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Browsing: Papers of John Adams, Volume 11

Docno: ADMS-06-11-02-0292

Author: Adams, John
Recipient: President of Congress
Recipient: Huntington, Samuel
Date: 1781-06-27

To the President of Congress

[salute] Sir

Major Jackson has been sometime here, in pursuance of Instructions from Colo. Laurens, in order to dispatch the purchase of the Goods, and the shipping of the Goods and Cash for the United States, which are to go by the South Carolina. But when all things appeared to be ready, I recieved a Letter from his Excellency Dr. Franklin informing me, that he feared his funds would not admit of his accepting Bills for more than fifteen thousand pounds sterling:1 the accounts of the Indian and the Goods amounted to more than fifty thousand pounds, which shewed that there had not been an { 399 } Understanding sufficiently precise and explicit between the Dr. and the Colonel. There was however no Remedy but a Journey to Passy, which Major Jackson undertook, dispatched the whole business and returned to Amsterdam in seven days:2 so that I hope there will now be no more delays. Major Jackson has conducted through the whole of his Residence here, as far as I have been able to observe, with great Activity and Accuracy in Business, and an exemplary Zeal for the public Service.

[salute] I have the honor to be with the greatest Respect, Sir, your most obedient and most humble Servant

[signed] John Adams
RC in John Thaxter's hand (PCC, No. 84, III, f. 242–245); endorsed: “Letter 27 June 1781 John Adams Read 1 March 1782.”
1. From Franklin, 5 June, above. See also Franklin's letter of 30 June, below.
2. Jackson arrived in Amsterdam on 26 June (Franklin, Papers, 35:198).

Docno: ADMS-06-11-02-0293

Author: Adams, John
Recipient: President of Congress
Recipient: Huntington, Samuel
Date: 1781-06-29

This is a summary of a document and does not contain a transcription. If it is available elsewhere in this digital edition, a page number link will be provided below in the paragraph beginning "Printed."

To the President of Congress

Amsterdam, 29 June 1781. RC in John Thaxter's hand PCC, No. 84, III, f. 246–251. printed : Wharton, ed., Dipl. Corr. Amer. Rev., 4:525–527.
This letter consists of an English translation of the letter presented to the States General on 21 June by Louis Ernst, Duke of Brunswick-Wolfenbüttel. The letter, which appeared in Dutch newspapers (Gazette de Leyde, 29 June), was a categorical denial of the charges made against him in the memorial that Carel Visscher, Pensionary of Amsterdam, read to William V at an audience held on 8 June. The Duke noted that the States General had appointed him field marshal and William V's tutor prior to William's assumption of the duties of stadholder. He had served the Dutch Republic for thirty years and until the appearance of Amsterdam's memorial there had never been any intimation that the States General disapproved of his actions, much less that he was despised at all levels of society. The Duke declared that a full and rigorous examination by the States General of the charges against him would reveal that they were unfounded and that it would then be incumbent upon that body to take the most decisive action against his accusers.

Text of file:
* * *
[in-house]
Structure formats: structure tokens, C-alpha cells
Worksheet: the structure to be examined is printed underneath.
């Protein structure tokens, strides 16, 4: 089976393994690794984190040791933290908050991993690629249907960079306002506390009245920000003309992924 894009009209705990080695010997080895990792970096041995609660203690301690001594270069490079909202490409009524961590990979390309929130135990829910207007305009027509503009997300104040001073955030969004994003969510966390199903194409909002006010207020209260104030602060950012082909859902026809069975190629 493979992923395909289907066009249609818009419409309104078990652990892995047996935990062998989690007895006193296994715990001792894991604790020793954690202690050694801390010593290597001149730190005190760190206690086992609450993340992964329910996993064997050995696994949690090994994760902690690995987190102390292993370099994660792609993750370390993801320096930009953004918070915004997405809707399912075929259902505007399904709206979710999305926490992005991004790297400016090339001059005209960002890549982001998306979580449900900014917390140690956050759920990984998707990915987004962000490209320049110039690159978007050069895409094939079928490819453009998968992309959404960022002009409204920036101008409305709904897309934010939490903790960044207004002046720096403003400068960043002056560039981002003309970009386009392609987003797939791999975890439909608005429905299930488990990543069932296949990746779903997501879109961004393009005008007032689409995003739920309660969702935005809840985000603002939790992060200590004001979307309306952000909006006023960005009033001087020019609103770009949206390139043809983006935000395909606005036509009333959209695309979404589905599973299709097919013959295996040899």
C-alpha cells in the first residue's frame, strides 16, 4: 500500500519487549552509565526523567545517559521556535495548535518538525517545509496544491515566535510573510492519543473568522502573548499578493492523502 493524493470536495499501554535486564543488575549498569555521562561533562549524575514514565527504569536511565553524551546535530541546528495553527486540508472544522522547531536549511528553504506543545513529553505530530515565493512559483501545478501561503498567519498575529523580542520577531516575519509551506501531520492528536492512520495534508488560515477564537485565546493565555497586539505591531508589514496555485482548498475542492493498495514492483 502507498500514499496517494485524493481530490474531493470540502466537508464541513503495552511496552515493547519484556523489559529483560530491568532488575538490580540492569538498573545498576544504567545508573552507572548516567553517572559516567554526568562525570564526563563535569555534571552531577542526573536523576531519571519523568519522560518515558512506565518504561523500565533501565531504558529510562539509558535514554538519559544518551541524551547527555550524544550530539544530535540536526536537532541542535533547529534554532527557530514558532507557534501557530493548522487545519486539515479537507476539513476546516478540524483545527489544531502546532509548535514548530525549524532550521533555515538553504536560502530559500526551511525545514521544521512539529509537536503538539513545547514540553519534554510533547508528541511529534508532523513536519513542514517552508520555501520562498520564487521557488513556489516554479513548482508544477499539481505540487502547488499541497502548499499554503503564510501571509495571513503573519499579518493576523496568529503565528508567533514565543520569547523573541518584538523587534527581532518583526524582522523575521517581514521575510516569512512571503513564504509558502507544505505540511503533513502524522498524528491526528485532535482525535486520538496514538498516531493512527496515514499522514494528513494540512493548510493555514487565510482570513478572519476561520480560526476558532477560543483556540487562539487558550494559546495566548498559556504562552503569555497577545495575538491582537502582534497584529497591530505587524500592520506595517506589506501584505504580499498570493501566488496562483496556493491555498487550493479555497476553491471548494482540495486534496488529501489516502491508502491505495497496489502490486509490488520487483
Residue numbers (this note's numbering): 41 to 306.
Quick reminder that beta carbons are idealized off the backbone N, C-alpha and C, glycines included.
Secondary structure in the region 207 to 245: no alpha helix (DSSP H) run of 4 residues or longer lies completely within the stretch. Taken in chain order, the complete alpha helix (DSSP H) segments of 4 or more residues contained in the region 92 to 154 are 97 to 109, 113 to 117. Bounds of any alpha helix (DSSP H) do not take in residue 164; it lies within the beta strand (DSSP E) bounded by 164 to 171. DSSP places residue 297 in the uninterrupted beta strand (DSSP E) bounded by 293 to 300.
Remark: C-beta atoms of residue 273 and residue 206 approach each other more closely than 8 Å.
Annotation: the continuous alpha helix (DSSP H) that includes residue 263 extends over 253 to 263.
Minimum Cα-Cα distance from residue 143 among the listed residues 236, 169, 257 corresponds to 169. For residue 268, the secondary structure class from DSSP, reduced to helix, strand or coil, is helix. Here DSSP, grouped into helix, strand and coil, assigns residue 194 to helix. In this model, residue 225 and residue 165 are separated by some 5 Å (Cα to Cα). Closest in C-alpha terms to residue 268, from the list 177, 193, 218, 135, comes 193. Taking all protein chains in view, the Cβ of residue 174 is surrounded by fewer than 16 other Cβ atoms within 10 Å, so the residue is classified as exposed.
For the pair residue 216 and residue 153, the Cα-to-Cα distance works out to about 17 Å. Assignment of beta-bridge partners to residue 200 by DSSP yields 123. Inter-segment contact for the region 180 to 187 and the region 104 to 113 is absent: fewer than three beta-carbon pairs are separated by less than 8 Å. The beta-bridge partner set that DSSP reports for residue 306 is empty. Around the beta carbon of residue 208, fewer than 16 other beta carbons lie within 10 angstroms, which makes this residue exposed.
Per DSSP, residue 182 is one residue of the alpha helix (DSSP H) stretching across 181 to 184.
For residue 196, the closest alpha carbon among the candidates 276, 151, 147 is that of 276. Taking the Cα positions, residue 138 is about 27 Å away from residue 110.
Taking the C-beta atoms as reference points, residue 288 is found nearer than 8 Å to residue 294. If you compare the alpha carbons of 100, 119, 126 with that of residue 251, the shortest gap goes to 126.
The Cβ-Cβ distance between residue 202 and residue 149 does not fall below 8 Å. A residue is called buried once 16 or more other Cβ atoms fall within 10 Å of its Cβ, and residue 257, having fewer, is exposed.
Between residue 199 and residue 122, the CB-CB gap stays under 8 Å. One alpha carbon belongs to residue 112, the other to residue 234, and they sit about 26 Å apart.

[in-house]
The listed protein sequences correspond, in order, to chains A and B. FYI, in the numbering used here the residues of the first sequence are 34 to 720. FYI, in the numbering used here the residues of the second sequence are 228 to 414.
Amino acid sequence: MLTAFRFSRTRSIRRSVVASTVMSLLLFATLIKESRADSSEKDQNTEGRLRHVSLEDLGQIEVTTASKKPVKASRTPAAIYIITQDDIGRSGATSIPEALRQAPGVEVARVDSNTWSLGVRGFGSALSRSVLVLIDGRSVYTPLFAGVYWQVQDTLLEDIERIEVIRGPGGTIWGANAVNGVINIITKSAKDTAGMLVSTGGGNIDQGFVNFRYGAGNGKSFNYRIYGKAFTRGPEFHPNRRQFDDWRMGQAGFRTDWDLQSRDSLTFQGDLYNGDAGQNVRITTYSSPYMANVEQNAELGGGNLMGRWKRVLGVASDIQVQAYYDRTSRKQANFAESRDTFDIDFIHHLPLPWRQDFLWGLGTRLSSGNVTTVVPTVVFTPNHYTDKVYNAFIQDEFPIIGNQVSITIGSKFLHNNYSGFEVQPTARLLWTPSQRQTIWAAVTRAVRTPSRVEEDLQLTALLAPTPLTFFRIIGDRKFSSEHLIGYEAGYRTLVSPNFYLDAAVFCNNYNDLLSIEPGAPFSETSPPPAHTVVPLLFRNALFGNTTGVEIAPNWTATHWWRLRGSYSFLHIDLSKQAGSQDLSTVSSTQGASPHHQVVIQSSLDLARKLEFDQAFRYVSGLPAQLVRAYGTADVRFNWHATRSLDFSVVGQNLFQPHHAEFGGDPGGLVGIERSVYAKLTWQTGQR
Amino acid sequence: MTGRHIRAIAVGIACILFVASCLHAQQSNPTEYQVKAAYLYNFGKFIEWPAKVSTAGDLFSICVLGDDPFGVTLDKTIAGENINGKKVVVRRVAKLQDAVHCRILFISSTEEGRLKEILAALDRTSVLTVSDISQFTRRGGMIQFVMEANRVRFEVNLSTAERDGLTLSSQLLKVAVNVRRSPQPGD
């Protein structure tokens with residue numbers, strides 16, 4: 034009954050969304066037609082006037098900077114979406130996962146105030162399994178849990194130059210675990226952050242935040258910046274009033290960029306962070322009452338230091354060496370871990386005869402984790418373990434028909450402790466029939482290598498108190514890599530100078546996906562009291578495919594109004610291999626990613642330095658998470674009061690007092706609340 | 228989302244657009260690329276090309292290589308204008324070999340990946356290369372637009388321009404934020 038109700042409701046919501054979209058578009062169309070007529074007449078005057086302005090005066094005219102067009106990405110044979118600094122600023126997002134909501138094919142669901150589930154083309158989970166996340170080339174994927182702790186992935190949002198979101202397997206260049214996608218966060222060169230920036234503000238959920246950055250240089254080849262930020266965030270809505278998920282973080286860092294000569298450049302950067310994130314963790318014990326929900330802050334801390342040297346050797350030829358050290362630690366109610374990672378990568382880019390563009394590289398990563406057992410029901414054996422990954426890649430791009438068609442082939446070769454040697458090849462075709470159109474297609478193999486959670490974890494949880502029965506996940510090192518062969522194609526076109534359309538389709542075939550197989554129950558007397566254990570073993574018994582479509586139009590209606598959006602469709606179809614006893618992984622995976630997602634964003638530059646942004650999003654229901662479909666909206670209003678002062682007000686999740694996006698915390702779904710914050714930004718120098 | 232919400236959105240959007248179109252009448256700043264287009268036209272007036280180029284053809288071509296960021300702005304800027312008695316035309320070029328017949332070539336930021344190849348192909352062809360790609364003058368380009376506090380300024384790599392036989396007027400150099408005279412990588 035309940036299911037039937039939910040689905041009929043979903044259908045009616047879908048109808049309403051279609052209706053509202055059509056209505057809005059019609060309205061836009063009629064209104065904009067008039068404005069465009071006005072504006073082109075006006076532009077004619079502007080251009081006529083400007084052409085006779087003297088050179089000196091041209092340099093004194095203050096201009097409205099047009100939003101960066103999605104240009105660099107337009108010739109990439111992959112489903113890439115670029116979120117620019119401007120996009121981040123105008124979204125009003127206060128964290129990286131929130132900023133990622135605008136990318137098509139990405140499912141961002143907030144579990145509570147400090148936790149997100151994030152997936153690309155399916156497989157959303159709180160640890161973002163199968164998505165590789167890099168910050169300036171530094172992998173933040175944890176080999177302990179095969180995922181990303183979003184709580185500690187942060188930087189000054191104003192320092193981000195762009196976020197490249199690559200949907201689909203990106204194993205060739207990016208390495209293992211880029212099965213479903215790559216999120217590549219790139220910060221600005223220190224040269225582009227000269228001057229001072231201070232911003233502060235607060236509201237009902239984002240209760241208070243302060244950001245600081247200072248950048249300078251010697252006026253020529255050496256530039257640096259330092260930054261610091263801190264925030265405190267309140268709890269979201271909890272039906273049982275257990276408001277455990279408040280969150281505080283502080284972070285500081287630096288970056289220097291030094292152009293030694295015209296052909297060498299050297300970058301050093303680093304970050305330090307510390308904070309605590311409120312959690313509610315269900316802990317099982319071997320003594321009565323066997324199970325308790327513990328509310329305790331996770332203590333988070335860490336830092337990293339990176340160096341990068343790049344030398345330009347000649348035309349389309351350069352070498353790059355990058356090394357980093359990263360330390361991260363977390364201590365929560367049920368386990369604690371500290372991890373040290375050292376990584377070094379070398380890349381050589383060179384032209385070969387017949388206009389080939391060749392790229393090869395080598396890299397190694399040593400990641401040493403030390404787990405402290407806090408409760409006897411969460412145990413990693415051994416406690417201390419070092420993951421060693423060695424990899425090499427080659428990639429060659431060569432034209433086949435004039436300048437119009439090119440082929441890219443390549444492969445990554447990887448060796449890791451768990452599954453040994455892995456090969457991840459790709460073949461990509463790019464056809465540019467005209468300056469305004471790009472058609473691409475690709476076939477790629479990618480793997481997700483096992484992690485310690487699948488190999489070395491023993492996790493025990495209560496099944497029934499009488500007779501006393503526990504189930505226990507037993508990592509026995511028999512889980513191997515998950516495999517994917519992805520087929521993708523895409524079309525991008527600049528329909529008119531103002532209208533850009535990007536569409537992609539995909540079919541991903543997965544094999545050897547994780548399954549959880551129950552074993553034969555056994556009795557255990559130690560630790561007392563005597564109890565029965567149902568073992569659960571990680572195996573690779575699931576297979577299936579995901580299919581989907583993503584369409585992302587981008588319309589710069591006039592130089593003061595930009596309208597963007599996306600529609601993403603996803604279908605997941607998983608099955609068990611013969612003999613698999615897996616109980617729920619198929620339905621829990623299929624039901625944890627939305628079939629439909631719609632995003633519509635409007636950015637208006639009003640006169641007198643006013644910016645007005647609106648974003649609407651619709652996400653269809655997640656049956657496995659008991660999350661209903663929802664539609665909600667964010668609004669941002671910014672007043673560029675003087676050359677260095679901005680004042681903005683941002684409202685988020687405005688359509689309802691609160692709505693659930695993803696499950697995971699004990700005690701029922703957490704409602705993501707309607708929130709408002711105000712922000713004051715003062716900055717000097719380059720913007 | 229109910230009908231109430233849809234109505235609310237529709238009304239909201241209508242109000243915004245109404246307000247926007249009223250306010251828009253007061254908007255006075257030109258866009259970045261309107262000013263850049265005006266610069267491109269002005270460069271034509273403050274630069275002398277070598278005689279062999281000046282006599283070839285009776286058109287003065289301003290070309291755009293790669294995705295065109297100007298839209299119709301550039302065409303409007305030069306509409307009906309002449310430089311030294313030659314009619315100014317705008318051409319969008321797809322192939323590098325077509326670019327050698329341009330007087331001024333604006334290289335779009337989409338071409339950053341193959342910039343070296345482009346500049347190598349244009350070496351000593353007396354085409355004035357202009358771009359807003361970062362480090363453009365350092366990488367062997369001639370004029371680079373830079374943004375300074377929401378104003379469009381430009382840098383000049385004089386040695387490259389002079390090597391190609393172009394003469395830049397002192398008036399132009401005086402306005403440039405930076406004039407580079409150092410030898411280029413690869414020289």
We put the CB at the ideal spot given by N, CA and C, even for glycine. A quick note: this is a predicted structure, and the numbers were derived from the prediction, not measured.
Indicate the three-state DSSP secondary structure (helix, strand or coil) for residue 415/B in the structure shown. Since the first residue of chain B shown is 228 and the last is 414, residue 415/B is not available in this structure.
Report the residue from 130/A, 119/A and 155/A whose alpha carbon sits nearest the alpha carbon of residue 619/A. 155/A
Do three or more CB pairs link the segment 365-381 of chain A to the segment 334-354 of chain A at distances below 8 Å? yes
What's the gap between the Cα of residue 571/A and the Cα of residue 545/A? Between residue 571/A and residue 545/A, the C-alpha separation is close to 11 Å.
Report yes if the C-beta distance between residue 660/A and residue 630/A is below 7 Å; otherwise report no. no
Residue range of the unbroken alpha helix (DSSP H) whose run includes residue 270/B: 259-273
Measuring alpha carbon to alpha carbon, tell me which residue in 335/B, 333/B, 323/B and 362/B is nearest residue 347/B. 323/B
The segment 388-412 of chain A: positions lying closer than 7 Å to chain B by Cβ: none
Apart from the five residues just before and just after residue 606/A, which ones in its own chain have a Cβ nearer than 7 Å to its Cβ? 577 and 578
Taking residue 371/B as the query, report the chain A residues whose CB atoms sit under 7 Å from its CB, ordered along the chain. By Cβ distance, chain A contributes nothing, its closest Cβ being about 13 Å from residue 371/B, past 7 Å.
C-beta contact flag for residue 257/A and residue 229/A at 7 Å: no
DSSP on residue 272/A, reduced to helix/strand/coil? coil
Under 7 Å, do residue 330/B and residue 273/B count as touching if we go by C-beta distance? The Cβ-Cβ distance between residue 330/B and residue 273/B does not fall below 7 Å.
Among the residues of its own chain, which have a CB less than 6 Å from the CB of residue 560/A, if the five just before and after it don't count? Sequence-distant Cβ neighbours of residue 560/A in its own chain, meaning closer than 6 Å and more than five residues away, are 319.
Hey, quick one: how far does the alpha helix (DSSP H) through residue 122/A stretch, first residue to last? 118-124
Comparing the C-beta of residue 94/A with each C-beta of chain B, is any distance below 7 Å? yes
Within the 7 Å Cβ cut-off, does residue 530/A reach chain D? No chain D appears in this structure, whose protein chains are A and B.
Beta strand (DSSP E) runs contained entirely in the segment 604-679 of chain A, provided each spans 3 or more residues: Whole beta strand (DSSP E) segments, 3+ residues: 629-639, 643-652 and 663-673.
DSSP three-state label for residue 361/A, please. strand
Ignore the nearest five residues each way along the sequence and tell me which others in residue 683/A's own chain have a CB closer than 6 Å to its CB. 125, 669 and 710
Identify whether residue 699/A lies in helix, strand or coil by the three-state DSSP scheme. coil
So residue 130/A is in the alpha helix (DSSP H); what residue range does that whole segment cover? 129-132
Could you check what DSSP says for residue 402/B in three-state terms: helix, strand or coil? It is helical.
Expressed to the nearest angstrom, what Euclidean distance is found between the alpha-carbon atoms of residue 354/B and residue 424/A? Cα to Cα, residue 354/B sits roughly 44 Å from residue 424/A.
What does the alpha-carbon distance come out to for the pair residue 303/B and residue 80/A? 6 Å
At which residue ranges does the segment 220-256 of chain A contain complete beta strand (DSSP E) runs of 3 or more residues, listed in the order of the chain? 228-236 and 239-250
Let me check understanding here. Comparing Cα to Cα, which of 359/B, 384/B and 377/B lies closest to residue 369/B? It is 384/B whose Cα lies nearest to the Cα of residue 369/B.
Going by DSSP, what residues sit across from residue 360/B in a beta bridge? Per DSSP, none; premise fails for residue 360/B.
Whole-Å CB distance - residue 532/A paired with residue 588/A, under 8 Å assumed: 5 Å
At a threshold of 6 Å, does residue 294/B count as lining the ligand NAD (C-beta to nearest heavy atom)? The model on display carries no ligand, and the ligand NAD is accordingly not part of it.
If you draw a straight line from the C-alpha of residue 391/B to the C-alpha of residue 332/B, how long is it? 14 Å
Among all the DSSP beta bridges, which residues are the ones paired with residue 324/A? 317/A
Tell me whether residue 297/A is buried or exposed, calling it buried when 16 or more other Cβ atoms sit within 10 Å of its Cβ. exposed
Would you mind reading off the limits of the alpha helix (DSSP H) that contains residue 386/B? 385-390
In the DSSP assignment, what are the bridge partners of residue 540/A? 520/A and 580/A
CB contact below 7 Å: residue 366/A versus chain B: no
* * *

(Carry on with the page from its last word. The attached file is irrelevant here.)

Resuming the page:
RC in John Thaxter's hand (PCC, No. 84, III, f. 246–251). printed: (Wharton, ed., Dipl. Corr. Amer. Rev., 4:525–527.)

Docno: ADMS-06-11-02-0294

Author: Franklin, Benjamin
Recipient: Adams, John
Date: 1781-06-30

From Benjamin Franklin

[salute] Sir

This is to request that you will accept no more Bills with an Expectation of my Paying them, till you have farther Advice from me: For I find that Mr. Laurens, who went away without informing me what he had done, has made so full a Disposition of the Six Millions granted at my Request before his Arrival, that unless the Specie he { 400 } sent to Holland is stopt there, I shall not be in a Condition to pay them.1 I have the Honour to be, Sir, Your Excellency's most obedient and most humble Servant
[signed] B Franklin
1. Franklin wrote a similar letter to William Jackson on 28 June. Despite Jackson's protests, Franklin succeeded in stopping shipment of the specie to the U.S. aboard the South Carolina. See Franklin, Papers, 35:195–196, 211–214, 219–226, 242–244.
Cite web page as: Founding Families: Digital Editions of the Papers of the Winthrops and the Adamses, ed.C. James Taylor. Boston: Massachusetts Historical Society, 2018.